New Insights About Pulsar Glitches Uncovered by Astronomers

Crab Nebula Messier 1

Multi-wavelength image of the Crab nebula, which hosts a glitching pulsar at its heart. Credit: NASA, ESA, J. Hester and A. Loll (Arizona State University)

Pulsars are dead stars that spin remarkably steadily – they are some of the most regularly ticking clocks in the Universe! However, every few years some pulsars ‘glitch’, and speed up a tiny amount almost instantaneously. Understanding what causes these glitches may unveil what’s really happening inside these super-dense dead stars. 

Detailed theoretical and computer models are hard to connect to real observations, so instead PhD student Julian Carlin and Chief Investigator Andrew Melatos, from the ARC Centre of Excellence for Gravitational Wave Discovery (OzGrav), built a ‘meta-model’ in a paper recently published in the Monthly Notices of the Royal Astronomical Society.
 
The meta-model relies on the idea that ‘stress’ builds up inside the pulsar until it reaches a threshold, and then some of this stress is released as a glitch. The interesting thing about this meta-model is that the stress increases by taking a ‘random walk’ upwards: like an intoxicated person returning home from the pub who might take two steps forward, one step back, then three steps forward. The randomness in how the stress builds is supported by some theoretical models, as well as a recent study of a glitch-in-action led by OzGrav researchers Greg Ashton, Paul Lasky, and others.
 
Meta-models make predictions about what we should see in the long term from glitching pulsars.
 
‘This meta-model predicts that there should always be a correlation between big glitches and the time until the next glitch: if a lot of stress is released, it takes longer on average for the pulsar to build up enough stress for another glitch,’ explains Carlin.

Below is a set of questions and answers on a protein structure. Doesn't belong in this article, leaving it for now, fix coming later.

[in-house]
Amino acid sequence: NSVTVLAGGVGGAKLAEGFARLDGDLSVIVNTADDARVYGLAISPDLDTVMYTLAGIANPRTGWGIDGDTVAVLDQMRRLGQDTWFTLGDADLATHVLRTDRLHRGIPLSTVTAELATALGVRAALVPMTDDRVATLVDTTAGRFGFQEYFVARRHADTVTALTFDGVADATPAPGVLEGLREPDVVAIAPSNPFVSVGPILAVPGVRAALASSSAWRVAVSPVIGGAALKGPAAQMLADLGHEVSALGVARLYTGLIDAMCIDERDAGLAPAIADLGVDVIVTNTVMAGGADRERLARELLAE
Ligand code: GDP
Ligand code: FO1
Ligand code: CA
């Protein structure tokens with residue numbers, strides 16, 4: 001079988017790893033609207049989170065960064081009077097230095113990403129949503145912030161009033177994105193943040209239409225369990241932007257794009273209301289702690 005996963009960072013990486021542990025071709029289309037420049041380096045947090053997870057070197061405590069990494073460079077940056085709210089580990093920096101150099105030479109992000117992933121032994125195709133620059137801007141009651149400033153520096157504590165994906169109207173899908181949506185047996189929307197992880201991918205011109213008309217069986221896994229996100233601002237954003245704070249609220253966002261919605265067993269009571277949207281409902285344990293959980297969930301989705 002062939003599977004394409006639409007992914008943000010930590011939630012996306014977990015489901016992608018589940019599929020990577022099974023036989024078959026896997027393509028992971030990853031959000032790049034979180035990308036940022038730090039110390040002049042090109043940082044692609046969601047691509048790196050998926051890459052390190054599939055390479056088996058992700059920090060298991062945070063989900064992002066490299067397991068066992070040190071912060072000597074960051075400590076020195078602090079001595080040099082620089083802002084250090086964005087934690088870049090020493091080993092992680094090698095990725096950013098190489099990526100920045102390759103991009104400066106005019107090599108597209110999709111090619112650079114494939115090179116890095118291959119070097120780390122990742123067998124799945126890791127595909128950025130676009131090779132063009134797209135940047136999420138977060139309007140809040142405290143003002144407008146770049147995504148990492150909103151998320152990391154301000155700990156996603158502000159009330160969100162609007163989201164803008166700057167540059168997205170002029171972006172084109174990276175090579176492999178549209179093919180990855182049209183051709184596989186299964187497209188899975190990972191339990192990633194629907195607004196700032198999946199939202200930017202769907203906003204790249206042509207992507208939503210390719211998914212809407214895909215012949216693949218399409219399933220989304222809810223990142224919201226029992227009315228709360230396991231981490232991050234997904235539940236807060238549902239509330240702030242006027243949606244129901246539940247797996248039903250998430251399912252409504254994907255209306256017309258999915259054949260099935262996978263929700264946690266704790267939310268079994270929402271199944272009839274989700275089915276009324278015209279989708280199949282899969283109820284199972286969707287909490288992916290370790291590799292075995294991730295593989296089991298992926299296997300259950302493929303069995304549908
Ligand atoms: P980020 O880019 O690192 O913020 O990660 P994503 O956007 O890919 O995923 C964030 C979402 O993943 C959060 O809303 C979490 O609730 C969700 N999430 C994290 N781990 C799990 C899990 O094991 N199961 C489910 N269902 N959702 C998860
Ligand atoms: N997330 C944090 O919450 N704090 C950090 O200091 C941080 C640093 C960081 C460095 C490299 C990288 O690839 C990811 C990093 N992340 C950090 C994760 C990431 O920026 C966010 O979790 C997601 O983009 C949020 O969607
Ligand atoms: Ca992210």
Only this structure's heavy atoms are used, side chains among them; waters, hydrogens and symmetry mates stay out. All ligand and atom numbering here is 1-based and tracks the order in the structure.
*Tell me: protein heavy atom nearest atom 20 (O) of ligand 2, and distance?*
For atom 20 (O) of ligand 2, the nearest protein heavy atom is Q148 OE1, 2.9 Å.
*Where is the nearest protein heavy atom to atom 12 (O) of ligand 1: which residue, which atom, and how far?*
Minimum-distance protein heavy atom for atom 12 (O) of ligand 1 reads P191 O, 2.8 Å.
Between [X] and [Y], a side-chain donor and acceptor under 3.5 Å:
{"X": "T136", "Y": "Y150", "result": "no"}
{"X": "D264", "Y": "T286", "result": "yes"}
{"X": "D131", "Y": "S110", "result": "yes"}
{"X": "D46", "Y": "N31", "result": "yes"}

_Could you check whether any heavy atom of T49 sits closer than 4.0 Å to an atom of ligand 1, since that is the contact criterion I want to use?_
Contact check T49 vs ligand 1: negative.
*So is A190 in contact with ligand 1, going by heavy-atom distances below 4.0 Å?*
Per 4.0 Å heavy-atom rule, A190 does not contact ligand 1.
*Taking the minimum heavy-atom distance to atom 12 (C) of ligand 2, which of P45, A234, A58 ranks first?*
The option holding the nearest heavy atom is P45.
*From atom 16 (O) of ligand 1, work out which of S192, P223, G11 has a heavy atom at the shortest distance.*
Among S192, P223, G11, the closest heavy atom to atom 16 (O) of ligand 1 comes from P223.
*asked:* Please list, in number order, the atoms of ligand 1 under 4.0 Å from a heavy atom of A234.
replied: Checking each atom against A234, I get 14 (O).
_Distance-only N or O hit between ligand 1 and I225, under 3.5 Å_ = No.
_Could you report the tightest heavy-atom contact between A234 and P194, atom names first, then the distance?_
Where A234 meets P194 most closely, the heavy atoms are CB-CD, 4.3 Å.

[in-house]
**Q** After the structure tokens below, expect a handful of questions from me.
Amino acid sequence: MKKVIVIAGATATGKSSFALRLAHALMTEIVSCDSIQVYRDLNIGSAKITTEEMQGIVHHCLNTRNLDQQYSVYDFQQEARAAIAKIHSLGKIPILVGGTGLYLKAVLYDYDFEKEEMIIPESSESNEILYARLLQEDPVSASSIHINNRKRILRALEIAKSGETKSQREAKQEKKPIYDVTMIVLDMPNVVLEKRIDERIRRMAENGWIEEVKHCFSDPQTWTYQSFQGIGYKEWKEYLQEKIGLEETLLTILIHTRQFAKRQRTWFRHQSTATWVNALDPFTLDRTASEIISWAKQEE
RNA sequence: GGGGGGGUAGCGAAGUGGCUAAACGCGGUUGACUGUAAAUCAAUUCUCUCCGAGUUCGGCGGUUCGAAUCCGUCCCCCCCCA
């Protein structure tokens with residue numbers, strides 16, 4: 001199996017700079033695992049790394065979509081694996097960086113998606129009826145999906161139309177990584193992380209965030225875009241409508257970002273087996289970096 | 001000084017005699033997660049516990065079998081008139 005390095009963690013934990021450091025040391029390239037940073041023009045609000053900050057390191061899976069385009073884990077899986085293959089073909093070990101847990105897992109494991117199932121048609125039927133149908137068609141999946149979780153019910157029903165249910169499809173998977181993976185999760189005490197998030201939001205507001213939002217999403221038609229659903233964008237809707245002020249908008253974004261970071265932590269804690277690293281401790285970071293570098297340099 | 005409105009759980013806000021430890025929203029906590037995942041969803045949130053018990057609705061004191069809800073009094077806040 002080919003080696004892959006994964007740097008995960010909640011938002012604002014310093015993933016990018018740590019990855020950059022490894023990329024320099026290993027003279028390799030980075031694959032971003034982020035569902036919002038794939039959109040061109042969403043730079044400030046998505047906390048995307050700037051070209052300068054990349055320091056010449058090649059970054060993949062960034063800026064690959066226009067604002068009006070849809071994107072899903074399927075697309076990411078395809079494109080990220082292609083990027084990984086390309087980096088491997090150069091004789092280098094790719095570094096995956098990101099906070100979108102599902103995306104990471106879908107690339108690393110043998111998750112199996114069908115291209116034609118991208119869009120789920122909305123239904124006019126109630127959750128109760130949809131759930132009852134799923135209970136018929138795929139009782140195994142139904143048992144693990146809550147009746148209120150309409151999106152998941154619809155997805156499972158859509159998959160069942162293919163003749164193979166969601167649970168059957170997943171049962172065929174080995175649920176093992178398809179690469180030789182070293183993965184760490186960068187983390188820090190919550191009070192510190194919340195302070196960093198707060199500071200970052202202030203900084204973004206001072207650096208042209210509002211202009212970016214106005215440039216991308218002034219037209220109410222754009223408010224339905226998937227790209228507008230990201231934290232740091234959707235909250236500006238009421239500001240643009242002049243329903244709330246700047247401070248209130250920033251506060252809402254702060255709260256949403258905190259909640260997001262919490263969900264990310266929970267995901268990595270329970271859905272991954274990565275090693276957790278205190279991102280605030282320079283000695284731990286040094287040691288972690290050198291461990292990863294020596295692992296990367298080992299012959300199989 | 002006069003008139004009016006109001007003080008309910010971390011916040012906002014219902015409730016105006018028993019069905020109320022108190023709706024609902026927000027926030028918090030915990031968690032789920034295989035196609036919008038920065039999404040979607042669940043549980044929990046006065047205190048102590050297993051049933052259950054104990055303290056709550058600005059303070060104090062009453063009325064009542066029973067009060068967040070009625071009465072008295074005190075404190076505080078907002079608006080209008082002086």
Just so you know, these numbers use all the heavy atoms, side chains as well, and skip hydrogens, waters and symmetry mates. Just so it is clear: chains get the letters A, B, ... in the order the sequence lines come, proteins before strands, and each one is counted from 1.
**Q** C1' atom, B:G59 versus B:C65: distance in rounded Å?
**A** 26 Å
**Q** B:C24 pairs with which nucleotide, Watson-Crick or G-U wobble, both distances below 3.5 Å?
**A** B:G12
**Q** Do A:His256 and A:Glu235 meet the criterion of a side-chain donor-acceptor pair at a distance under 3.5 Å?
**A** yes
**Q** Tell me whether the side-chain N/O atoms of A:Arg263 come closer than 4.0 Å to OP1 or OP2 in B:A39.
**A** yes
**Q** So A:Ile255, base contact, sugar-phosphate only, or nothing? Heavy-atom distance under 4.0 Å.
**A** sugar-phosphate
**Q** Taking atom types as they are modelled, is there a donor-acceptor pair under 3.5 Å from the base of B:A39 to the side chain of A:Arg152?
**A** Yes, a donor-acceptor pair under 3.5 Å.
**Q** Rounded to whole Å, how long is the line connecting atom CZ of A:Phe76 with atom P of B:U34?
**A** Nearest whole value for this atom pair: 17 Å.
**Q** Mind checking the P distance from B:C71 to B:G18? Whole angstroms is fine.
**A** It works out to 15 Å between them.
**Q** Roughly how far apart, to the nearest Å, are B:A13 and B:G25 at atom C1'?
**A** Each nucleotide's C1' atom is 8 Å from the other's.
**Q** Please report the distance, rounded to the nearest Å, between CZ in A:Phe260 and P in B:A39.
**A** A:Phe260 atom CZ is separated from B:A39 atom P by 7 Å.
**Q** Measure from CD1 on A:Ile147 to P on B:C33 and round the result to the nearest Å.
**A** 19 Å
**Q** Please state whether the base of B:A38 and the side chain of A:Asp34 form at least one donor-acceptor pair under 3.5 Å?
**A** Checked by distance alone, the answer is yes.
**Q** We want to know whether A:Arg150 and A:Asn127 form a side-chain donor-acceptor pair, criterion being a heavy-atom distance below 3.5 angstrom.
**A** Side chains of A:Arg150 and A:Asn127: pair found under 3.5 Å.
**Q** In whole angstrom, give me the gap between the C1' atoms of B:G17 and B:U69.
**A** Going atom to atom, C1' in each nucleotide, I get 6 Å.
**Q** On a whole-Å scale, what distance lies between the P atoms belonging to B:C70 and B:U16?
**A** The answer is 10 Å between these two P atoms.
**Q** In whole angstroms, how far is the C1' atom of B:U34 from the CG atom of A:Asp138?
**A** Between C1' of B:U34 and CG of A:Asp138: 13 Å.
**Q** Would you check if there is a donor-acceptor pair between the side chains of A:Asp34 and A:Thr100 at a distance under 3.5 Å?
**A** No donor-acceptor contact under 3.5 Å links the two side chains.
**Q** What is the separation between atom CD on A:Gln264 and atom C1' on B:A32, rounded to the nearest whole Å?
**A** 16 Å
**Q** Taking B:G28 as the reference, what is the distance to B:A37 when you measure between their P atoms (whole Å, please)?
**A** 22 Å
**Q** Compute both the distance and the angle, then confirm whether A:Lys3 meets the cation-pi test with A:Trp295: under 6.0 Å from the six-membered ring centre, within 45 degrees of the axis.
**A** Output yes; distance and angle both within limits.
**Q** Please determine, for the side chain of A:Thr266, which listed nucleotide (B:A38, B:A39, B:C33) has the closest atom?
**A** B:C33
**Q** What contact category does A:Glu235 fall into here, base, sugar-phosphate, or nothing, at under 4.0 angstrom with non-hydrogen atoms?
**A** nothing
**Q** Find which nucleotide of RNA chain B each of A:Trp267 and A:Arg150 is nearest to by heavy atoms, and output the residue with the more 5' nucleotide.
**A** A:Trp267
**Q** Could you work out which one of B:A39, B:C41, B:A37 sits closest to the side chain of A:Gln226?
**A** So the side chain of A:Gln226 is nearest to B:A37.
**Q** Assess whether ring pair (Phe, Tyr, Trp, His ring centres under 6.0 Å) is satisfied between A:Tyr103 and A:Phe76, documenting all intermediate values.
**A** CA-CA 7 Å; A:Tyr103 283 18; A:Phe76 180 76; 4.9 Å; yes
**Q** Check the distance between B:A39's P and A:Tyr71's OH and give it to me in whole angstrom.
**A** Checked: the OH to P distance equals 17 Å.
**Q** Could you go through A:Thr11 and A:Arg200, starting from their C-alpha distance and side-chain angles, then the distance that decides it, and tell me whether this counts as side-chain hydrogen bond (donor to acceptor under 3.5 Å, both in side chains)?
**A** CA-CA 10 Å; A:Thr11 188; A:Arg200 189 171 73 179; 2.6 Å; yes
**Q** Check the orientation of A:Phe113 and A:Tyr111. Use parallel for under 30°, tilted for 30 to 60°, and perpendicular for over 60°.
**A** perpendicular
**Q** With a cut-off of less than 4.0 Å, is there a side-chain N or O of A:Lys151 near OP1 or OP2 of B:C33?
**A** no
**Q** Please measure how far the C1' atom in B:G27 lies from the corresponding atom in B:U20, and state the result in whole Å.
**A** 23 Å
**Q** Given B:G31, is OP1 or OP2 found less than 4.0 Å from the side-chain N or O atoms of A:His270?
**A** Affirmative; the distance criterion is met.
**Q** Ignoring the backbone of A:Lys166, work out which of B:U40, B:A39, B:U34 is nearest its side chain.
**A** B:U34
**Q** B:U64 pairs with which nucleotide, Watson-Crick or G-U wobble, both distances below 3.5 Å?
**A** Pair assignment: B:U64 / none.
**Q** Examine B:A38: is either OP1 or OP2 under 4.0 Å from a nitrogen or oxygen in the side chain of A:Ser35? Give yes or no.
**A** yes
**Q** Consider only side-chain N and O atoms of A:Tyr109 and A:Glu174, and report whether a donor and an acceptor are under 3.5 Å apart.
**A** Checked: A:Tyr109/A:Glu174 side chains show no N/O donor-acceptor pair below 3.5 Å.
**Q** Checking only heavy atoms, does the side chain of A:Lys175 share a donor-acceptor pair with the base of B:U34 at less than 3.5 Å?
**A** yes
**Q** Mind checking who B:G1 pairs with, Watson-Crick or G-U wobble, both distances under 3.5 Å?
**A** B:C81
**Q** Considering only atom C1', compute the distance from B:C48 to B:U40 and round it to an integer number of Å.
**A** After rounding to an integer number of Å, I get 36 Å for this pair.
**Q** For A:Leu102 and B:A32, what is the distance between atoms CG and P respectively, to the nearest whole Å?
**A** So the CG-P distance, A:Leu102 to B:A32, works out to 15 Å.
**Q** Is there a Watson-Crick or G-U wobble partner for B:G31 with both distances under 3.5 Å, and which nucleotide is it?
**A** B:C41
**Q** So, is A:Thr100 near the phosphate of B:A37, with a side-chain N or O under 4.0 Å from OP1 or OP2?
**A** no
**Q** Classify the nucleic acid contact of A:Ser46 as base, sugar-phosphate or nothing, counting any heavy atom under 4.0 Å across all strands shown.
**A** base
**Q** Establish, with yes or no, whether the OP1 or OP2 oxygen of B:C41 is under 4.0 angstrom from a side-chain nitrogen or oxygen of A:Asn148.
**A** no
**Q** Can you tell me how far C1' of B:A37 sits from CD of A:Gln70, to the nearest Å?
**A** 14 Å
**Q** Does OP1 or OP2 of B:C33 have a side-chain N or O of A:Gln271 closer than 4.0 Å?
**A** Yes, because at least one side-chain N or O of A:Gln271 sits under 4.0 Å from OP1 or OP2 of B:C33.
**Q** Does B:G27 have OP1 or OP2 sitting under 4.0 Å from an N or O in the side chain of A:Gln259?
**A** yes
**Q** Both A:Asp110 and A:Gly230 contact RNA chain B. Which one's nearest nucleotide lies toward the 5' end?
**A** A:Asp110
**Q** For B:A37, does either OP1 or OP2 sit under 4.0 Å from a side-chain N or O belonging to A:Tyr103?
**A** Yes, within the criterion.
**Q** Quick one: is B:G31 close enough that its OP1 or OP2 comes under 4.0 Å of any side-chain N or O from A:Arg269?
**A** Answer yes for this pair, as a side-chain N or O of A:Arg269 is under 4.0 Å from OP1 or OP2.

Using this prediction, Carlin and Melatos tried to falsify the meta-model, asking the question: ‘Are there long-term observations that can’t be explained?’ The answer depends on the pulsar. Some are well-explained by the meta-model, while others don’t quite match the predictions.
 
‘We need to see more glitches before this question can be answered for certain, but this work shows a way to answer it for many theoretical models, all at the same time,’ says Carlin.

References:

“Long-term statistics of pulsar glitches triggered by a Brownian stress accumulation process” by J B Carlin and A Melatos, 8 April 2020, Monthly Notices of the Royal Astronomical Society.
DOI: 10.1093/mnras/staa935

“Rotational evolution of the Vela pulsar during the 2016 glitch” by Gregory Ashton, Paul D. Lasky, Vanessa Graber & Jim Palfreyman, 12 August 2019, Nature Astronomy.
DOI: 10.1038/s41550-019-0844-6

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